Lys strikes out on his own, keeps paying homage to nature, forest on heart-surging ‘Silent Woods’

This is a great time to walk through the woods in the Northeastern United States, or it usually is, but we’re just climbing out from under summer. Like, it was 80 a couple days ago. But the weather forecast at least hints that cooler days might be ahead, and eventually the leaves will change, and then it’ll be prime time to take walks through the woods in Northeastern U.S.

That bleeds into tackling “Silent Woods,” the first record from Lys, who you might know better as a member of long-running Italian black metal band Enisum. On this four-track debut, the music doesn’t stray too far from his roots, but with a greater concentration on acoustics and cleaner singing in spots, there definitely is a reason for this to exist. Homage, quite naturally, is paid to the outdoors, most specifically the wooded areas of Northwestern Italy, where it looks like it’s still kind of balmy based on my Google search. The elements very much are a part of the music here, and when things go more rustic, it’s more propulsive than one might expect, which gives the music its unique attitude.

“Like Ashes in the Wind” opens with winds blowing and the guitars strummed, already packing on the thick atmosphere. The power kicks in with gutting shrieks that feel like they can topple you with their force, and then things blend into a more folkish territory with Lys’ clean singing pushing in. That adds to the essence and demonstrates just how diverse this project can be from one moment to the next, and the ripping terror comes back later, feeling mangling and bloody before calm returns and ends the track in a haze. “Mountains, Forests, Rivers” dawns with fires crackling and acoustics working in before the track blows up and goes for the throat sonically. Of course, the rustic winds blow before too long, with Lys’ nasally singing returning (that’s not a criticism) as the track gets into serene waters. The burst eventually happens as the vocals carve, the guitars layer, and speed explodes, rushing hard and making your blood surge before the track bows out.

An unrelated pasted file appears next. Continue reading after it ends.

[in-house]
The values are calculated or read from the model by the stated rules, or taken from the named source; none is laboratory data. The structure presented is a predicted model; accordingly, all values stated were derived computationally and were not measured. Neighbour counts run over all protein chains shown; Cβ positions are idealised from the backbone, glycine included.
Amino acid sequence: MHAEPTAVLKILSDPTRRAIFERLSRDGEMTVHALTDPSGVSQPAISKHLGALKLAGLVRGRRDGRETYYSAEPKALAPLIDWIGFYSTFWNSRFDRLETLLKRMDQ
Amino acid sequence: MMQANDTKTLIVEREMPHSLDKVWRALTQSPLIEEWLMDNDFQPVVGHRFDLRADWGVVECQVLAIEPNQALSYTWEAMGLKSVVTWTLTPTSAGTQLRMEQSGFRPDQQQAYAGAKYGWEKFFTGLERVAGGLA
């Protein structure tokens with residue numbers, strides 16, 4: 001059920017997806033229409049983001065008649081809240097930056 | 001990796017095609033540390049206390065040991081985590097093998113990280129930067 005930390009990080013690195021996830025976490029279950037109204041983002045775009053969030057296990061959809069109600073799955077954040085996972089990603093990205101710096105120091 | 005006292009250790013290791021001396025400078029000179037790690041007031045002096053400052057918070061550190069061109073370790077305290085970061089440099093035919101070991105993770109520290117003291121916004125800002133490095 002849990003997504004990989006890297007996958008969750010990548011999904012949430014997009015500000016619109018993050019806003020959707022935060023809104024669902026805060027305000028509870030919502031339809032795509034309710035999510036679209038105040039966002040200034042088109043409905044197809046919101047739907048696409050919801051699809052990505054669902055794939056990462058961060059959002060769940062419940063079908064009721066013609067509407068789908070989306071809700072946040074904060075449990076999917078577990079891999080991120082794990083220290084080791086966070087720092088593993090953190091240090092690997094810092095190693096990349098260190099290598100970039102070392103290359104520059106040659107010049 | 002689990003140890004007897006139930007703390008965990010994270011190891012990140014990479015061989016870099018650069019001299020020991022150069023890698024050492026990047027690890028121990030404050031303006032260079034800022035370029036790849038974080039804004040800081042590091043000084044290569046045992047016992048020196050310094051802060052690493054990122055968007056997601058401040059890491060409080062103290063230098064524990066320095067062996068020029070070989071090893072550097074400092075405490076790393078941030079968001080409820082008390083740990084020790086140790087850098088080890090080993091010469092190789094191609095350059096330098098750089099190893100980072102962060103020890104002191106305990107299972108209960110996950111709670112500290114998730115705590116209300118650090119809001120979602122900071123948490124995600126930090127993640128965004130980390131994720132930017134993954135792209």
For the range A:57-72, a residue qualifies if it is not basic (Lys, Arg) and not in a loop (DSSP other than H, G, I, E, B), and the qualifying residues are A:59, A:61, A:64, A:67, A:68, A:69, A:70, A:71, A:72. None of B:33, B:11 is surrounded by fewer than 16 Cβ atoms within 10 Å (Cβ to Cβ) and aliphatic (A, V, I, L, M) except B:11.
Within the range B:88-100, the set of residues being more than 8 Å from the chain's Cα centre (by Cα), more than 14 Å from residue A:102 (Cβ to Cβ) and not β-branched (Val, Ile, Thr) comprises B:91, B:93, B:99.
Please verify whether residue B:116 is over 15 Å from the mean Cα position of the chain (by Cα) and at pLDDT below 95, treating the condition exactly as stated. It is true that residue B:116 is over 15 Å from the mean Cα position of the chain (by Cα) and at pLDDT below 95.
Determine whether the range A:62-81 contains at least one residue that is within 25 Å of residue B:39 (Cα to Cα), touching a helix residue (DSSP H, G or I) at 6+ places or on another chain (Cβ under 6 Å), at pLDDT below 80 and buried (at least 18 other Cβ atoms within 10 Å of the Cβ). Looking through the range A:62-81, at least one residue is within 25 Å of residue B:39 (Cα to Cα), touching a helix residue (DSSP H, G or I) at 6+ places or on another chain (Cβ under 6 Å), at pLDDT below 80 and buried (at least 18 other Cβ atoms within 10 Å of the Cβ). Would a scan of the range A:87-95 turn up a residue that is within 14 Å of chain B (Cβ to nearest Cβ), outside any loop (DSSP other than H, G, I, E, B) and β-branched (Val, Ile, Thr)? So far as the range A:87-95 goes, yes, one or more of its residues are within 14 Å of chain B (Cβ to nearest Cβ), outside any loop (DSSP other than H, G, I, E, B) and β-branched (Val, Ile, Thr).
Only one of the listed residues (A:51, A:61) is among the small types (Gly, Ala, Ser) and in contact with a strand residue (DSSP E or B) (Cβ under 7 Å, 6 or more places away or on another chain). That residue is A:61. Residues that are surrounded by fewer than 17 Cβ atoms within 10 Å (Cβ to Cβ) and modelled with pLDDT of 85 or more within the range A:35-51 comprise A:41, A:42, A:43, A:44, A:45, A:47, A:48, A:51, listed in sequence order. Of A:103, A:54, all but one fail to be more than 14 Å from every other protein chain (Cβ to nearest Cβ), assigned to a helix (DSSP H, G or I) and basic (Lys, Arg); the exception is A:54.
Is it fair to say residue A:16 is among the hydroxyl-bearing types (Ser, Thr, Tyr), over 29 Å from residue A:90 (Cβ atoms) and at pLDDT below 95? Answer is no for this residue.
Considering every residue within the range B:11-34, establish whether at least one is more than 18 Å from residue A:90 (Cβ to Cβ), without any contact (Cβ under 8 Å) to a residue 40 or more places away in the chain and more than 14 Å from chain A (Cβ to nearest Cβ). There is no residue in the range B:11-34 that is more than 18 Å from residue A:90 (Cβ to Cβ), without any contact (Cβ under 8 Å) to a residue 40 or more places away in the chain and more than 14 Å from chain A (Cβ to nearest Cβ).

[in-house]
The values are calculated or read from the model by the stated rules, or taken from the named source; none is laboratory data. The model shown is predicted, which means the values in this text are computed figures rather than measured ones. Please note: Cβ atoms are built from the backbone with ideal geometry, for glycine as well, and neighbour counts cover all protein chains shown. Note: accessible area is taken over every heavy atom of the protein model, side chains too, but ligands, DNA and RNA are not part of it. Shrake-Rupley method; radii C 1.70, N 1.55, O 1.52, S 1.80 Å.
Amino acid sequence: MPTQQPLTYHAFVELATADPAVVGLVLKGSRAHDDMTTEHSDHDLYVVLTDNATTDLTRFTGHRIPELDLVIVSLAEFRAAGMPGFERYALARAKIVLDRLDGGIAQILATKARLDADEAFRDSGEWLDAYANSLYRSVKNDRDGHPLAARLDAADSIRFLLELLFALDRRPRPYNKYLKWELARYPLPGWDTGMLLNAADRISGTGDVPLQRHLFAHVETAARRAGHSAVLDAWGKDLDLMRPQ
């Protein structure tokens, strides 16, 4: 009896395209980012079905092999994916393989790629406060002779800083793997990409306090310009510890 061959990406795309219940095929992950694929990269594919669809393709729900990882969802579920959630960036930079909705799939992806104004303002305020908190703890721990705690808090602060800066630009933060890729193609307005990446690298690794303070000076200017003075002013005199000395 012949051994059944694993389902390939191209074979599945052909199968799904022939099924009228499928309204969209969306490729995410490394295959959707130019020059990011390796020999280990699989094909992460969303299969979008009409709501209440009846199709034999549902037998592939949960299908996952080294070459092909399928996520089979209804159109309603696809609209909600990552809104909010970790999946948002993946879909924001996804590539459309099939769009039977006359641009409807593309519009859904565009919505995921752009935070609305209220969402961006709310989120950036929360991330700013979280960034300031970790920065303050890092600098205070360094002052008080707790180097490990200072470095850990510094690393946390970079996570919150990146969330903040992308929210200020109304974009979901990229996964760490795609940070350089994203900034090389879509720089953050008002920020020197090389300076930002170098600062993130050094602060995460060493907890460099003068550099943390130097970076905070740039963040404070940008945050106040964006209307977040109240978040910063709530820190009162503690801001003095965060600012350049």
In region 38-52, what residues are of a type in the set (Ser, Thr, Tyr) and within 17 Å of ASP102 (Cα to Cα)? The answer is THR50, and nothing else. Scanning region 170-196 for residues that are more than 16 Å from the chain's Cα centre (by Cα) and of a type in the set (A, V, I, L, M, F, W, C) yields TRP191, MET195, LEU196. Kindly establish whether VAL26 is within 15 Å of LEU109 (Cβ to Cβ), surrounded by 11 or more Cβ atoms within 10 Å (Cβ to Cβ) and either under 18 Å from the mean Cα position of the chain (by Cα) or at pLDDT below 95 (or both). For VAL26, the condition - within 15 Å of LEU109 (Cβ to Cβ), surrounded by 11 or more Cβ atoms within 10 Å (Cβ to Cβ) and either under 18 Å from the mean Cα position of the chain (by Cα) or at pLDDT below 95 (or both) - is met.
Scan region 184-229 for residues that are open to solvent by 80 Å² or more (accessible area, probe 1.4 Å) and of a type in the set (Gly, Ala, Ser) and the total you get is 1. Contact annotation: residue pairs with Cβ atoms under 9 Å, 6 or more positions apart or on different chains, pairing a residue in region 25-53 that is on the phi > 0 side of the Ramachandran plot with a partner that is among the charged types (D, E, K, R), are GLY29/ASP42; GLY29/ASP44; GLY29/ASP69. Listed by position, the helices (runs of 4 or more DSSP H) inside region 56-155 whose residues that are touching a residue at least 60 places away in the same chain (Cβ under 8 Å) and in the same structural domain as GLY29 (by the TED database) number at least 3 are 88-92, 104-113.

“Bonfire” begins with calls echoing and fires burning with the guitars delving deep in folk terrain. The singing is creaky and strong, giving off an acoustic Alice in Chains vibe, which is never a bad thing, and then things get quiet and plodding, like night sneaking up on you. The singing then pushes, the playing is active, and the track disappears into the campfires. The title track ends the record, and it’s anything but silent as storms hang overhead, and then the track tears open, bringing raging chaos. The shrieks are bloody, and the drumming threatens to break through rock with great melodies raining down. The precipitation soaks as the pace picks up, acoustic blasts strike, and the playing hammers hard with shrieks crumbling and a melodic gust taking you out.

Lys ‘first turn on this solo project is a pretty rewarding one as “Silent Woods” is an album that treads similar waters as many others, but he adds some of his own flourishes that helps this sit apart from the rest. The vocals could cause some hesitation for some—I like them, but I can see where they could be a challenge—but that would be ignoring the great world created here and the music that feels like it is soaked in nature. Curious to hear where Lys goes from here and how the project develops, but this record is a really strong first step into the unknown.

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